“Only in it for the parking” read the T-shirt the lady opposite me was wearing.
It had a big disabled sign (you know the one – the picture of a wheelchair) on it just to make sure you got the joke. She looked tired and stressed as she pushed her teenage daughter down the street in a clunky, big standard issue wheelchair. I smiled as I passed her recognising the gallows humour that the disabled community has to share in order to get through the day.
There aren’t many perks to having a disabled child (other than an absolutely wonderful child of course) but the parking is one of them. However, sometimes you come across something that is just so fantastic that it makes your day and makes you smile for all the right reasons.
On Saturday we took my little family riding. Organised by a fantastic local charity, we turned up to the local “handicapped riders’ association” (yes – they still use that awful word handicapped that has been politically corrected out from pretty much everywhere). As we pulled in we saw four horses being led round steadily and surely by a bunch of old dears who had that no-nonsense horsey look about them.
We watched for a little while and soon it was Arun’s turn to have a go. After some fun and games trying to find a helmet small enough for him and then trying to get it on him and do the strap up under his very tickly chin, it was time to mount the horse.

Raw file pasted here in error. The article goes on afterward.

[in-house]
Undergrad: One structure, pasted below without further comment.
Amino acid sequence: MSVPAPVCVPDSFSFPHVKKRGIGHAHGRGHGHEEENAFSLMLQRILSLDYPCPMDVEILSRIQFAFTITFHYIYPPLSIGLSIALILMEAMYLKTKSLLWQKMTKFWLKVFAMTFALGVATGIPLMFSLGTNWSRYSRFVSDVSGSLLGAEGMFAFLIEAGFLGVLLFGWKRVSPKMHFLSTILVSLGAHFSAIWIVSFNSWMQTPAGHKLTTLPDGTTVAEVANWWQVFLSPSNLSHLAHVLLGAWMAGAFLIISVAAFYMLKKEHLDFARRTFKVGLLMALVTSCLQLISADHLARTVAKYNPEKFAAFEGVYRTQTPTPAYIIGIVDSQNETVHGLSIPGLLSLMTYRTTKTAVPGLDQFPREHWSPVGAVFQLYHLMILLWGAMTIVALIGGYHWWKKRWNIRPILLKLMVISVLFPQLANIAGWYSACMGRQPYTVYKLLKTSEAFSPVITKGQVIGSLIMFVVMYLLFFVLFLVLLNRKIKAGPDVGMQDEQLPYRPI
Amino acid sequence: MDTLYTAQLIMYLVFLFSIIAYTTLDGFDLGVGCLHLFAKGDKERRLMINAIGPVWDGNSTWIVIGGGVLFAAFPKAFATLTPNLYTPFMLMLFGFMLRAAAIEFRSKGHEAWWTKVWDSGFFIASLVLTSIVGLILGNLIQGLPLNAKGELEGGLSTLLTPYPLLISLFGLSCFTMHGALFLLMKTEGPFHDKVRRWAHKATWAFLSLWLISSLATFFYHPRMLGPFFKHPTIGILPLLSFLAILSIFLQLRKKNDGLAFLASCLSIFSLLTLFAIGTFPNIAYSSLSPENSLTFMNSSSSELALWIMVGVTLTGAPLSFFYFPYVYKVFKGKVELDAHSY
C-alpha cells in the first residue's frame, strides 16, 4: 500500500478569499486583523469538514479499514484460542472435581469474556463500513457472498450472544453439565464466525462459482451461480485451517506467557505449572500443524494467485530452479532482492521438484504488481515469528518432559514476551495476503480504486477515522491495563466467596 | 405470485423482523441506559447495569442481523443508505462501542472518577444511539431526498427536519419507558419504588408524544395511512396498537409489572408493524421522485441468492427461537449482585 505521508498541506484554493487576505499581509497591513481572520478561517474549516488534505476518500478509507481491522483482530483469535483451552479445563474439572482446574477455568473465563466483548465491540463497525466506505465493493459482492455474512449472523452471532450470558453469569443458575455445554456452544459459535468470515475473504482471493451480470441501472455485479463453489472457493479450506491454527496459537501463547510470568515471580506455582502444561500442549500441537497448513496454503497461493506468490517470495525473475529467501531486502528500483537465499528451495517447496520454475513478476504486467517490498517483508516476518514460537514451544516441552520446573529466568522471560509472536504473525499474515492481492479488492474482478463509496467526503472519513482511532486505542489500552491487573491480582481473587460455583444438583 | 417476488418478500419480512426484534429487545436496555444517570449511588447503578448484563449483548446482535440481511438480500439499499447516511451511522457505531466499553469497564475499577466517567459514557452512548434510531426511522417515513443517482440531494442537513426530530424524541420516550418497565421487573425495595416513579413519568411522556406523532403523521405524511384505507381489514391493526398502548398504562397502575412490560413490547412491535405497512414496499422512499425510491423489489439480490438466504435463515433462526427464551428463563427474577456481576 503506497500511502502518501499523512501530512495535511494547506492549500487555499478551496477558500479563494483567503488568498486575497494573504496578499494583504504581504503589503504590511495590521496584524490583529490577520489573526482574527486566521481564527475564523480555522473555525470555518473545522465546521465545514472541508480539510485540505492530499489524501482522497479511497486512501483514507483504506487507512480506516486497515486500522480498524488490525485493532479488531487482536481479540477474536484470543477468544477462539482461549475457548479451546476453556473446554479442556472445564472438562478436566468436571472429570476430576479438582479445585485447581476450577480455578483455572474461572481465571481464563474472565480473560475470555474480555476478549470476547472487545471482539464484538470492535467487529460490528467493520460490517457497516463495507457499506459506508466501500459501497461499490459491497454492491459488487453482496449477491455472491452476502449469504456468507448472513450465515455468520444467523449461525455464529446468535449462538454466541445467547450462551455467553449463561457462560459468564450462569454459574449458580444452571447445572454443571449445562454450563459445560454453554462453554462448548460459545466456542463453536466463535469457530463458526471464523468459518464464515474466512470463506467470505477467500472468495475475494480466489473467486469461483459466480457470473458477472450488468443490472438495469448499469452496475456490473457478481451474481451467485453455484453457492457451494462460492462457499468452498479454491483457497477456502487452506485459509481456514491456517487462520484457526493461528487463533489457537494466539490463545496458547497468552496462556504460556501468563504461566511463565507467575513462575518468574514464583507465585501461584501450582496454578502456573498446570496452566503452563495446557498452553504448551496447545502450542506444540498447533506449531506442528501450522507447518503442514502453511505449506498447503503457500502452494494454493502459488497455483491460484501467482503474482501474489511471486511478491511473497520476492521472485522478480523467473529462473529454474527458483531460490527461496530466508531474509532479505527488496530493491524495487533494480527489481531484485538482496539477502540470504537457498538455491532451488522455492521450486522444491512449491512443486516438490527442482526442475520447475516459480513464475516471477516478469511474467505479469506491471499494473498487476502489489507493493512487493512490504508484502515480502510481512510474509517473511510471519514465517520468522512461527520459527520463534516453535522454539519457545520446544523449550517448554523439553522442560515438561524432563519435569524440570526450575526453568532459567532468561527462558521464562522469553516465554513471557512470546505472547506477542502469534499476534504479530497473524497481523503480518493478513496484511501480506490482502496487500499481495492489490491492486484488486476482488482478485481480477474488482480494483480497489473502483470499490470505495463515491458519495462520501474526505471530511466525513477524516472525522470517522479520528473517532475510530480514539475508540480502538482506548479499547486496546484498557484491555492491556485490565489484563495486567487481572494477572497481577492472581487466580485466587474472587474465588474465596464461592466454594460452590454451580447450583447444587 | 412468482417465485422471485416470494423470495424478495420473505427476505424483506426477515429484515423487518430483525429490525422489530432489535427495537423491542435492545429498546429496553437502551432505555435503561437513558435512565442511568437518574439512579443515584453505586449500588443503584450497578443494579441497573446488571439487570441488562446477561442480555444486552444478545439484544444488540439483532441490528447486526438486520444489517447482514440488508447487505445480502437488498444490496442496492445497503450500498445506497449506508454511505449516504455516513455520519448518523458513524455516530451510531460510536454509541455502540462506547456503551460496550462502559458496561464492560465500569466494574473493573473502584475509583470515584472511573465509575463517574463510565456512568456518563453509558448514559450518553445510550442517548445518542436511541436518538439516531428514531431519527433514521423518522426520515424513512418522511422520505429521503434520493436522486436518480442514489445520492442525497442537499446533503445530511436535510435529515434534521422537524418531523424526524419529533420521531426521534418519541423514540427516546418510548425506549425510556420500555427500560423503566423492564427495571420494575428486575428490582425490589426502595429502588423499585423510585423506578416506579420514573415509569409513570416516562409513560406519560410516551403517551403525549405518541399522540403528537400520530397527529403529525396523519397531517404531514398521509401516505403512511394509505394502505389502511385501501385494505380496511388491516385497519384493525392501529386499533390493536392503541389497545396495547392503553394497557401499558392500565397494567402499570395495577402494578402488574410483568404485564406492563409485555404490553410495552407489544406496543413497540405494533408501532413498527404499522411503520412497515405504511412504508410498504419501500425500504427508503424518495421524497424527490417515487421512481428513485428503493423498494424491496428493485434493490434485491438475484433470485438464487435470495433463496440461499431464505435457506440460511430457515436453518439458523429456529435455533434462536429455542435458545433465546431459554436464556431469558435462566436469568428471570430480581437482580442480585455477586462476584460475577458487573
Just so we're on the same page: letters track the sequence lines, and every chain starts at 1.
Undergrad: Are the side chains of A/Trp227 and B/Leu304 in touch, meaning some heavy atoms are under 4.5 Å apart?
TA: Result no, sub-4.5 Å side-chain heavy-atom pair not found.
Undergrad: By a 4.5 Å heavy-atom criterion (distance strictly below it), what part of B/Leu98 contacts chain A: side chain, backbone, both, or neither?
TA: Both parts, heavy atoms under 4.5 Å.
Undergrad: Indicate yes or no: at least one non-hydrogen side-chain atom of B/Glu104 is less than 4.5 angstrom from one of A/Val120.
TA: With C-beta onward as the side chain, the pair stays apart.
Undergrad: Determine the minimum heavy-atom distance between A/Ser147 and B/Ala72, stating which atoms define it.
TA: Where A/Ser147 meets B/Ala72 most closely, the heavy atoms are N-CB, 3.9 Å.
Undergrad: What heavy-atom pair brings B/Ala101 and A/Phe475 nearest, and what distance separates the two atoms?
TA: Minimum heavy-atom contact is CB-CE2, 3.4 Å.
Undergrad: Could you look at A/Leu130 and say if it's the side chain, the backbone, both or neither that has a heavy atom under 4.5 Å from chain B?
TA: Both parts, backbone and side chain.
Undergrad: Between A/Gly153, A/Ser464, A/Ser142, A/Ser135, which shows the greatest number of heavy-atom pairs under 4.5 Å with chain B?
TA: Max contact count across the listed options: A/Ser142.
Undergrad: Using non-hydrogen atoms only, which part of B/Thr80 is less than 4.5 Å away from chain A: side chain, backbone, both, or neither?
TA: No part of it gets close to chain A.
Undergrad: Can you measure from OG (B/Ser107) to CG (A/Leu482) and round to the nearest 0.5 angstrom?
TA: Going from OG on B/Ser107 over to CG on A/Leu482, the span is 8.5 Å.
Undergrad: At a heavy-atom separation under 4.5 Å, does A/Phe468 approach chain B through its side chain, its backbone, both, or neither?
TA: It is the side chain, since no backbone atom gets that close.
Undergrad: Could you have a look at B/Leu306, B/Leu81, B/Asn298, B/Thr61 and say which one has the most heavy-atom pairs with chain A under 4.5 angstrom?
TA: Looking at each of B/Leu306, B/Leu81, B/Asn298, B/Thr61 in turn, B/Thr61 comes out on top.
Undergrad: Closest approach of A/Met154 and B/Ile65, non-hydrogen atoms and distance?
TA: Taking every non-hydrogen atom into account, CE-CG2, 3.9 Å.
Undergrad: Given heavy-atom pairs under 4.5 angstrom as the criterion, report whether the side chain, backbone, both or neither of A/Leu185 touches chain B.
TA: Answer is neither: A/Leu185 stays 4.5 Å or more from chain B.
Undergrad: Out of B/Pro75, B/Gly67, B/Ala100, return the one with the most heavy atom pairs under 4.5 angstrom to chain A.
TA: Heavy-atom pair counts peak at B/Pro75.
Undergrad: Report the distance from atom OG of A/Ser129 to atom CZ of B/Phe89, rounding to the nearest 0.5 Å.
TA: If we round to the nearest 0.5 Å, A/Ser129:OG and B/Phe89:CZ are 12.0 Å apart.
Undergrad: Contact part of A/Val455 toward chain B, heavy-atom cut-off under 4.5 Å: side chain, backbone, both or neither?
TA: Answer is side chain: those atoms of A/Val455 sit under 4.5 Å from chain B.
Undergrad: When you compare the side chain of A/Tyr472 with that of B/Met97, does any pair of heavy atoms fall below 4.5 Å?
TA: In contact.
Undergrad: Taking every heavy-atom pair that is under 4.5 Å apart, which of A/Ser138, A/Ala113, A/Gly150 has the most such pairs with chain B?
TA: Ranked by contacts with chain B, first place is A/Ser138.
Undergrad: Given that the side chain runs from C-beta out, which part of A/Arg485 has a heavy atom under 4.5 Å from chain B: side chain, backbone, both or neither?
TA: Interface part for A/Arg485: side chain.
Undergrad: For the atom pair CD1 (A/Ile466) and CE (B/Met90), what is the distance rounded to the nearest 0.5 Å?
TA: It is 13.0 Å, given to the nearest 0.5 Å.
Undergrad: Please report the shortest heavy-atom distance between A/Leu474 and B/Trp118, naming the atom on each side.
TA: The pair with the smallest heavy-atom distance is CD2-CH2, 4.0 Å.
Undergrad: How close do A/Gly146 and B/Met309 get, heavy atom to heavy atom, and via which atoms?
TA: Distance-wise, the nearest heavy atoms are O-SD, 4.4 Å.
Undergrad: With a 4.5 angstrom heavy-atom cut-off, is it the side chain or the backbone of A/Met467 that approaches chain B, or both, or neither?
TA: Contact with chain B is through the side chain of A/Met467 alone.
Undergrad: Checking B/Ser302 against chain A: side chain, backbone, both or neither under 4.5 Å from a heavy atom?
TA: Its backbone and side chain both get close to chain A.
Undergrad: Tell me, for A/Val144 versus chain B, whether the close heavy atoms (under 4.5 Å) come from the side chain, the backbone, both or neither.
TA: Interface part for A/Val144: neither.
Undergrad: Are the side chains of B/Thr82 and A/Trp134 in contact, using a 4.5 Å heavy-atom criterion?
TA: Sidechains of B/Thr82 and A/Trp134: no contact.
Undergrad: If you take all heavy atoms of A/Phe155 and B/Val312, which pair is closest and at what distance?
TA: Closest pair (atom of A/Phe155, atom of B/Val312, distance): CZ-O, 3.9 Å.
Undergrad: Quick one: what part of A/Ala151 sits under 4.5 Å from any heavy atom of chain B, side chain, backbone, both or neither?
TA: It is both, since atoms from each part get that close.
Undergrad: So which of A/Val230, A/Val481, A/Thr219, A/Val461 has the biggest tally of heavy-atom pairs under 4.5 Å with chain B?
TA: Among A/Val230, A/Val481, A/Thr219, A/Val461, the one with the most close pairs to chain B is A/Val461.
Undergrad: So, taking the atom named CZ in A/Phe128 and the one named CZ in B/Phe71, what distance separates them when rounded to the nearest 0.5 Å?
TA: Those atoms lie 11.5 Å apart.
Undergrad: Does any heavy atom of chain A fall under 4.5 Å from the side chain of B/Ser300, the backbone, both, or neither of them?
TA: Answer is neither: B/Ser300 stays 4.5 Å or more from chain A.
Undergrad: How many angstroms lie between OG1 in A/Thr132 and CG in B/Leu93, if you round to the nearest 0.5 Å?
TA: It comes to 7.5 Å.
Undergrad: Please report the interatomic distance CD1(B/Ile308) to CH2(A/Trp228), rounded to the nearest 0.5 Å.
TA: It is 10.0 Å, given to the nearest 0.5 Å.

As we brought Arun up to the horse his little eyes grew wide and his lip started quivering. He turned back and tried to hug his mum and disappear into her safe embrace. Unfortunately, his mum, like me was having none of it and he was promptly turned around to face the horse. Gently, but firmly experienced hands (“I’ve been doing this for thirty years,” the volunteer told us) adjusted Arun’s saddle to the smallest possible setting and they were off.
Not quite at a canter, let alone at a gallop but a steady walk and immediately Arun sat up straight in the saddle and a huge smile broke out onto his face. He held the reigns in his hand like John Wayne and relaxed into the steady rocking of the horse as he was led around the paddock.
Clare and I watched spellbound as our very disabled little boy with cerebral palsy, autism and learning difficulties grinned his way around on horseback for the best part of half an hour. Copious photographs and video was taken to share with proud grandparents. The spell was only broken by a little sobbing by my left knee. I looked down to see Arun’s little sister blubbing away next to me.
“What’s wrong darling?” I asked.
“I want to go on the horse too,” she mumbled through gasps of despair.
“I’m not sure that you can my dear, this is a session for children like Arun today. But you can ask,” I said, not wanting to get her hopes up.
Usually the world works against disabled children. They and their parents have to fight for inclusion in the simplest aspects of community life that mainstream kids take for granted. But sometimes, just sometimes you come across someone wonderful, an organisation that goes the extra mile that makes the impossible possible. Although it’s hard, although it’s a grind, those days make it all worthwhile. Especially when the nice lady agreed to let Arun’s tearful sister have a go too.
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